This was my sister's idea back when my parents started building their new house.  Originally she thought it would be cute to have us all posing on my dad's bulldozer which would be aiming at the old house but they aren't quite to that point yet so we got it done before the weather turned too cold.  We wanted to commemorate the old house.  It was almost impossible to schedule but I'm glad we did it because it might not happen...well...ever again until one of the infants or toddlers in the picture gets married. What you will see below is just a sampling so as not to spoil any Christmas card plans although there is a viewing metrics feature on blogger so I have an idea of how many people look at this and it's a very small fraction of who will see any of our Christmas cards and the people might not be anyone I know they could be from random Google searches or the 31 day challenge so...

I like this one because my hair is flowing in the breeze...haha...

The perfect shot for our annual sisters Christmas card...haha JK.  That's not a thing.

My dad with his sprayer that he built.

My brother reliving his senior pictures with a very uncomfortable dog. 

This new house looks like the cleanest, most pristine structure ever compared to the paint peeling, old Christmas light wearing white house. 

Jake the streaking dog.

Tuesday, November 11, 2014

Magne Takk!

Back in the days, the good old days of freedom, Justin and I would occasionally attend NDSU football games away from home.  We went to the University of Minnesota (three times), Montana State in Bozeman, various cities in South Dakota, Fort Collins, Colorado, and of course Frisco!  I missed all away games last year due to being eight and nine months pregnant and then having a baby for the whole season so I was delighted to head to Cedar Rapids, Iowa over the weekend for a game! 

Before we left we went to the farm for the last remaining day of harvest and Tessa went on her first combine ride.  It was after dark and she was mesmerized by the corn disappearing in front of her.  The picture is blurry but it was the best I could get with my phone. 

The field happened to be behind the house and when we were standing there waiting for the combine I was in awe of the beautiful scene with the full moon shining through the trees and the house all lit up.  The old house looked quite plain and windowless from the back so it is quite a sight to see a house lit up facing this way.  I wish my phone took a better picture. 

On Friday afternoon we met our friend who was coming with us, dropped of the babies, and headed toward Minnesota, where we were staying overnight, and then Iowa.  I even was able to shop at an outlet mall, which was a thrill.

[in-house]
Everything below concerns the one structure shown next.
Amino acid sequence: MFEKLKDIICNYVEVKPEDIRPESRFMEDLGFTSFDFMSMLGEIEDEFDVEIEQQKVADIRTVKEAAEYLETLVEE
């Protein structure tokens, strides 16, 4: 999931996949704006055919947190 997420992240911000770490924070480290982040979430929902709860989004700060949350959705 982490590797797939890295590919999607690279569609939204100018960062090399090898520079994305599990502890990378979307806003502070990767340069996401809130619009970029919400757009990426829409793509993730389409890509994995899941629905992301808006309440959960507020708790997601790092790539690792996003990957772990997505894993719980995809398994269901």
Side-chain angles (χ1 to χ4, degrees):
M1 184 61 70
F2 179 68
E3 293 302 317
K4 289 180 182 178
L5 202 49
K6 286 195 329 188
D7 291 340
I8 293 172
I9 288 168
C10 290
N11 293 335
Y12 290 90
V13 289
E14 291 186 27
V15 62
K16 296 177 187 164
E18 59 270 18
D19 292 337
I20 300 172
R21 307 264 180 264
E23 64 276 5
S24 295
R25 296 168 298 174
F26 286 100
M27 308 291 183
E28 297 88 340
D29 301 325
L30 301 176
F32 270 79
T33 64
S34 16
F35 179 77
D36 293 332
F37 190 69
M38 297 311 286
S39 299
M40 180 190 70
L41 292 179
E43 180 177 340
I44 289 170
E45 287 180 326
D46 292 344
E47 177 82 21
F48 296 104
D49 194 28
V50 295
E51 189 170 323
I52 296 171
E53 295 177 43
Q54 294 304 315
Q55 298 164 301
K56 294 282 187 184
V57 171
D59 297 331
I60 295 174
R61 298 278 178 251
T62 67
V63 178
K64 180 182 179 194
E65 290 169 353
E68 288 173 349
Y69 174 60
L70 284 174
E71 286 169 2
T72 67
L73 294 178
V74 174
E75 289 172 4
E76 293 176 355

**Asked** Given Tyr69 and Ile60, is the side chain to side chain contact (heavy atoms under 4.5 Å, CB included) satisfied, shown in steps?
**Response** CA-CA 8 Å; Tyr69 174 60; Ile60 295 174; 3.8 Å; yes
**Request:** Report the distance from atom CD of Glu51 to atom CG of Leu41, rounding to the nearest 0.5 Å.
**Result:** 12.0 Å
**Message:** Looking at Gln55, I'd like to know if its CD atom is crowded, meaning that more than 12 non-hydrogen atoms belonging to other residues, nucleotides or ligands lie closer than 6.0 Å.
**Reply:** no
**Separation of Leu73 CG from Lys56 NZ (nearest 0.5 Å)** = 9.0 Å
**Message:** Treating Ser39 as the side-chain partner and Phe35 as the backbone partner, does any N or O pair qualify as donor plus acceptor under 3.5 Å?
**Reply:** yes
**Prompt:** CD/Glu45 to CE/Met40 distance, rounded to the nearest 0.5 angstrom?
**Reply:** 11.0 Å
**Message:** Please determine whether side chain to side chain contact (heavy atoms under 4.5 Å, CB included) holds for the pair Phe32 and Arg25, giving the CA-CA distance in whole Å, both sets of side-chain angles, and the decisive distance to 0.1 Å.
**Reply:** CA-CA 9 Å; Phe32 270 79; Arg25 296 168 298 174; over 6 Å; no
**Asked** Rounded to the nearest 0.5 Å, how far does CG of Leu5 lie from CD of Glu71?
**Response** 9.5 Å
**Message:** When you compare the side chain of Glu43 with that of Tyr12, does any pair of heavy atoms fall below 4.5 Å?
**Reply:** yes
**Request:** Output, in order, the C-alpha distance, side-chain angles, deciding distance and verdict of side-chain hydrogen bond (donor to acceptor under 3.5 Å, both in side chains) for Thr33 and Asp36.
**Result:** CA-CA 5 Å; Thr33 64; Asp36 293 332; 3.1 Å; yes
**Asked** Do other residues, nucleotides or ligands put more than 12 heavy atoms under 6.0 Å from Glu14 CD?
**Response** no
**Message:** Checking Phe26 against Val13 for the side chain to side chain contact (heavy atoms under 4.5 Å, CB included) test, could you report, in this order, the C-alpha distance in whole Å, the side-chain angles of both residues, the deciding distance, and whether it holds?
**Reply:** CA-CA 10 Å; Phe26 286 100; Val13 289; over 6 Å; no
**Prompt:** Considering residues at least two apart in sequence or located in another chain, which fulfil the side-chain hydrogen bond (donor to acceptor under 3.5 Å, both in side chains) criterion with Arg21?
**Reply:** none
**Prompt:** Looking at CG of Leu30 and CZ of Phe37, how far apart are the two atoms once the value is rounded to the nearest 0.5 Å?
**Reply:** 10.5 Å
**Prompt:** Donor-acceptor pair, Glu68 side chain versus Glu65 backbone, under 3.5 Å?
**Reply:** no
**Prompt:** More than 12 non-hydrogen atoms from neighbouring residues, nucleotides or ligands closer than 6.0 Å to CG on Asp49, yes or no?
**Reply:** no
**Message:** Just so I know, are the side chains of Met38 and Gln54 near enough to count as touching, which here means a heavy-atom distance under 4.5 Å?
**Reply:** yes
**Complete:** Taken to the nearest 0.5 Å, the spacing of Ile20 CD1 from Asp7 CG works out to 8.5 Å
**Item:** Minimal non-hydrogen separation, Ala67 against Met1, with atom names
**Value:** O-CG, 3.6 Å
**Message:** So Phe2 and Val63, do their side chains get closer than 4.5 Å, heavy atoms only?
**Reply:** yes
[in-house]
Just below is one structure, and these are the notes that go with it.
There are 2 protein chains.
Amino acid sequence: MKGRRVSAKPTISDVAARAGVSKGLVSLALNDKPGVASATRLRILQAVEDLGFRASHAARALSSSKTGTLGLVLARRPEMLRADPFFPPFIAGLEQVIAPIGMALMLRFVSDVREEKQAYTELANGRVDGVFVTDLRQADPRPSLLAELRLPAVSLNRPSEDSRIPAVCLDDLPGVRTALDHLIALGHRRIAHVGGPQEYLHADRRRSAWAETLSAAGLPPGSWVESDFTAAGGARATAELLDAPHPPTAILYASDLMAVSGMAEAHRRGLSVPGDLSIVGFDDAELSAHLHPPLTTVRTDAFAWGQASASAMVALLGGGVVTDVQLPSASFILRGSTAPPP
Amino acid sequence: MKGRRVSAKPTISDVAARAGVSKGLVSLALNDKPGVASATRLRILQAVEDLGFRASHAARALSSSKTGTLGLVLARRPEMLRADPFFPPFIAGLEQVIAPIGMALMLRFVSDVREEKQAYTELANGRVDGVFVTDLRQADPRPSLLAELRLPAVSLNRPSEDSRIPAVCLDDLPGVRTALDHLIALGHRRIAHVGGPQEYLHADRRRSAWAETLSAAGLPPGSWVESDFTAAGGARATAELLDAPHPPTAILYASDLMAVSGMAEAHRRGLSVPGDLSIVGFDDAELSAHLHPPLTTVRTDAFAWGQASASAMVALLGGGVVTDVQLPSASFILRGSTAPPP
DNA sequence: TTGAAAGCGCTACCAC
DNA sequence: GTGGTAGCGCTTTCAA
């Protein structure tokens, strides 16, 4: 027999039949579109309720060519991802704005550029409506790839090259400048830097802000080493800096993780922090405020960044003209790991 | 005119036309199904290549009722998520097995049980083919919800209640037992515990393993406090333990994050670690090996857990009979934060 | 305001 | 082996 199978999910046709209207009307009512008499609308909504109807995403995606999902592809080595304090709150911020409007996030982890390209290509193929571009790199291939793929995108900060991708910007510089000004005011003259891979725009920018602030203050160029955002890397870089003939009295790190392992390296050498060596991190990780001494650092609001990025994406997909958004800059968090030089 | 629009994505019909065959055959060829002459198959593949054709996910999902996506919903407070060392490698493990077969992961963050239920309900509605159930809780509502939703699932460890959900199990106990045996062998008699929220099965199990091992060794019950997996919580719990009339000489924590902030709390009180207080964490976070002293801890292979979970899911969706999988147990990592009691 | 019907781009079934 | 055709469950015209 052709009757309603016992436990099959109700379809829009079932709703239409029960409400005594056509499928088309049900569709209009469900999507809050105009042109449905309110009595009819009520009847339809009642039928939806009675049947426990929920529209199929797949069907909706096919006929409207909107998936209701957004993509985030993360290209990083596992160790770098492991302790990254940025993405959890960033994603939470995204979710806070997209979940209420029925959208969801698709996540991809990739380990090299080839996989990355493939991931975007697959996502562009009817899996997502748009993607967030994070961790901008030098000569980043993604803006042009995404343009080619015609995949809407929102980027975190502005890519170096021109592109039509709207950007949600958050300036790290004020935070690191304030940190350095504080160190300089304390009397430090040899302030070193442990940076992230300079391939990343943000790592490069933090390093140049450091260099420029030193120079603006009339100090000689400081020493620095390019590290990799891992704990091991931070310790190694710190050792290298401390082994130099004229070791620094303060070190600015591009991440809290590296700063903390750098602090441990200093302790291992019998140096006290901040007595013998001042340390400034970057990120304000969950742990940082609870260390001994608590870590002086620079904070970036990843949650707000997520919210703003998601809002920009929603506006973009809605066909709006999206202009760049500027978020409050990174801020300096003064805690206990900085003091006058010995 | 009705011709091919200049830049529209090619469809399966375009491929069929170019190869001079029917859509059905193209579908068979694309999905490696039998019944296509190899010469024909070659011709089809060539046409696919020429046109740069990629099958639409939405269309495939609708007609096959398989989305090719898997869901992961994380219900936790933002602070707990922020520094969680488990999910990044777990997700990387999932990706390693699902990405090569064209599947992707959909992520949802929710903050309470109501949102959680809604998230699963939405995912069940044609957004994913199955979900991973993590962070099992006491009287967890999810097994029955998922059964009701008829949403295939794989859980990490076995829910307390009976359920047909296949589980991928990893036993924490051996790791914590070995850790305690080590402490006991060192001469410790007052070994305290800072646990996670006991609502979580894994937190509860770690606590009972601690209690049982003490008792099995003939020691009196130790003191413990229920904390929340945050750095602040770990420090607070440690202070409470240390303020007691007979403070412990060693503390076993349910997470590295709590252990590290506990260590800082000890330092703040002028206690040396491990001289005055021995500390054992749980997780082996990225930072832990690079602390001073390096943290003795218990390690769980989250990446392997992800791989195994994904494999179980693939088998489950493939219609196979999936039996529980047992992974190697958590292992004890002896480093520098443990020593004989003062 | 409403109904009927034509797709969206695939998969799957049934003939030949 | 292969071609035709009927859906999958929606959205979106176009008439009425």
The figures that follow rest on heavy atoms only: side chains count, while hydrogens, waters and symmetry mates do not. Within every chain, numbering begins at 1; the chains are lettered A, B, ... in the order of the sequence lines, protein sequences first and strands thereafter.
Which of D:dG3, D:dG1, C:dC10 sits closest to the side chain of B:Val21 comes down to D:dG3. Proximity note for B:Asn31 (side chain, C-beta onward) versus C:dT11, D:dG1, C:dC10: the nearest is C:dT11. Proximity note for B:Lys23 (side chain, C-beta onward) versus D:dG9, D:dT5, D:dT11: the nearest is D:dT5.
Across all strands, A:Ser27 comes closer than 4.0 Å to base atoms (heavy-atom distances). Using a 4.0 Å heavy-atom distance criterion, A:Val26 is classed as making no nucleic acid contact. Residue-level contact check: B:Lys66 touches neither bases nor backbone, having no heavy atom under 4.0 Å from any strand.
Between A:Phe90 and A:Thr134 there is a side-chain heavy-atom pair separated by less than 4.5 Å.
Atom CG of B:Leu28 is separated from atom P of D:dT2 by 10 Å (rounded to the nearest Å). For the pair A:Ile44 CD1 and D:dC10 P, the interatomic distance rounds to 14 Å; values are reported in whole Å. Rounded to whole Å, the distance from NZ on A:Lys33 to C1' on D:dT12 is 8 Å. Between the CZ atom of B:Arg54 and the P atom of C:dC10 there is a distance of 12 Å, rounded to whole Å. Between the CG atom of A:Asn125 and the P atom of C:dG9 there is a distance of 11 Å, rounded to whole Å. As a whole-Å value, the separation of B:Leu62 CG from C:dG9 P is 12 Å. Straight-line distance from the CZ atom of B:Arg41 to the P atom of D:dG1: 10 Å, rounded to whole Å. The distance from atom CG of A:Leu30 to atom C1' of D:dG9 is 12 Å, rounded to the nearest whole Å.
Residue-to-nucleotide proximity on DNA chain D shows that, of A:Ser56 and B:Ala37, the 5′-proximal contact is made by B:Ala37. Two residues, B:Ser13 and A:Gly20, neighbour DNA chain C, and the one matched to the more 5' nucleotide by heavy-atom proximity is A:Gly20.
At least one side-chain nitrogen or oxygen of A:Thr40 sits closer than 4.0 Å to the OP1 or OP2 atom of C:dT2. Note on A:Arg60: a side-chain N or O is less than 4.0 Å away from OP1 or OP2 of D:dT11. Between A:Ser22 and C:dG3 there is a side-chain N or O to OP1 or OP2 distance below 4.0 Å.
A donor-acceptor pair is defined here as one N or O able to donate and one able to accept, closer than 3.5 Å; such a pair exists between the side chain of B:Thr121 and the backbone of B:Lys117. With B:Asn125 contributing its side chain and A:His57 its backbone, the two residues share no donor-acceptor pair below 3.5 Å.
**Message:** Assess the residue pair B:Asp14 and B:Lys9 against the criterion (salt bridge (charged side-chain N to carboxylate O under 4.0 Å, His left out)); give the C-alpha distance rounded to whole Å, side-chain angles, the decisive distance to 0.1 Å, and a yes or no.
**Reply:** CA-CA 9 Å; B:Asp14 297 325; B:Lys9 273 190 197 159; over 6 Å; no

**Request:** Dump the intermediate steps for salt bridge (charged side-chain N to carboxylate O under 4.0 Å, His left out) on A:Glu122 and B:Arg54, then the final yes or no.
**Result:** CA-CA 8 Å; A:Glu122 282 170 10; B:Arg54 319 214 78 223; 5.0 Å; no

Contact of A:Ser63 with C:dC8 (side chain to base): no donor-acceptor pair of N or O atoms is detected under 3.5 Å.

We arrived in Cedar Rapids on Saturday morning with hours ahead of us to tailgate.  It was disappointing to find that the weather was cold and windy just like it was when we left ND.  We were hoping it would be sixty degrees but it wasn't even close to that and the wind was as bad as ever.  We were there early so we claimed a spot in the parking lot in front of some folded up outdoor bleachers for the nearby practice fields and they made a good shelter and our spot ended up being a popular standing spot for those who didn't have a bus or trailer with them.  It was here, loitering around our spot, where I decided to read the back of the butterscotch Ice Hole schnapps bottle:

Did you catch that?  I was so delighted by this discovery.  I with I had thought to read the back of the bottle sooner.  I like to imagine this aunt named Maren, taking pulls of schnapps formulated just for her.  By the way, mange takk means "many thanks" in Norwegian. 

Here is one of the few pictures I took that day. 
On the way home we stopped at a specialty fishing and custom rod shop in Blaine called Thorne Brothers.  Justin and our friend Andy got their fix while I marveled at the diverse selection of fishing lures in the store.   

Can you imagine fishing with one of these at the end of your pole?

On Sunday when we were travelling there was talk of snow on the way everywhere we went.  It was mostly aimed for Southern Minnesota and we  missed it on the drive in ND but Bismarck was on the very edge so we had a few inches on Monday morning.  Ben was very excited and immediately wanted to play in the snow and build a snowman.  Actually, as I write this, he is standing at the door to the deck wanting to go outside.  We are in a polar vortex and it is 11 degrees outside.  I don't think so.  But yesterday I gave in and we were outside at 9:00 a.m.  It was a lovely 18 degrees.  Guess who didn't care that it was 18 degrees and could have stayed out there all morning.

After about twenty minutes I had to bring Tessa inside so I just watched him play from the sliding door.  He could have been out there for hours.  He is like this dog we used to have at the farm.  She was a golden retriever and she loved cold weather.  Whenever I hear animal loving people insist that animals need to be inside during the winter (and I agree that most do, or at least that they need a warm shelter like a barn or garage and animals like Allan, who have never been outside, certainly need to be kept out of the cold) I want to tell them about Penny the retriever.  That dog loved cold so much that she would sleep outside on snow banks when it was frigidly cold.  She had a doghouse with a heat lamp that was in a garage and still we would find her sleeping in her favorite spot on the snow piles from the tractor when it was -20 degrees outside.  I think she spent the night there. 
I finally lured Ben inside with a TV show when his face was bright red and appeared to be freezing.  I enjoy outdoor snow play but I hope there are some warmer (20-30 degree) days ahead so it can be more enjoyable.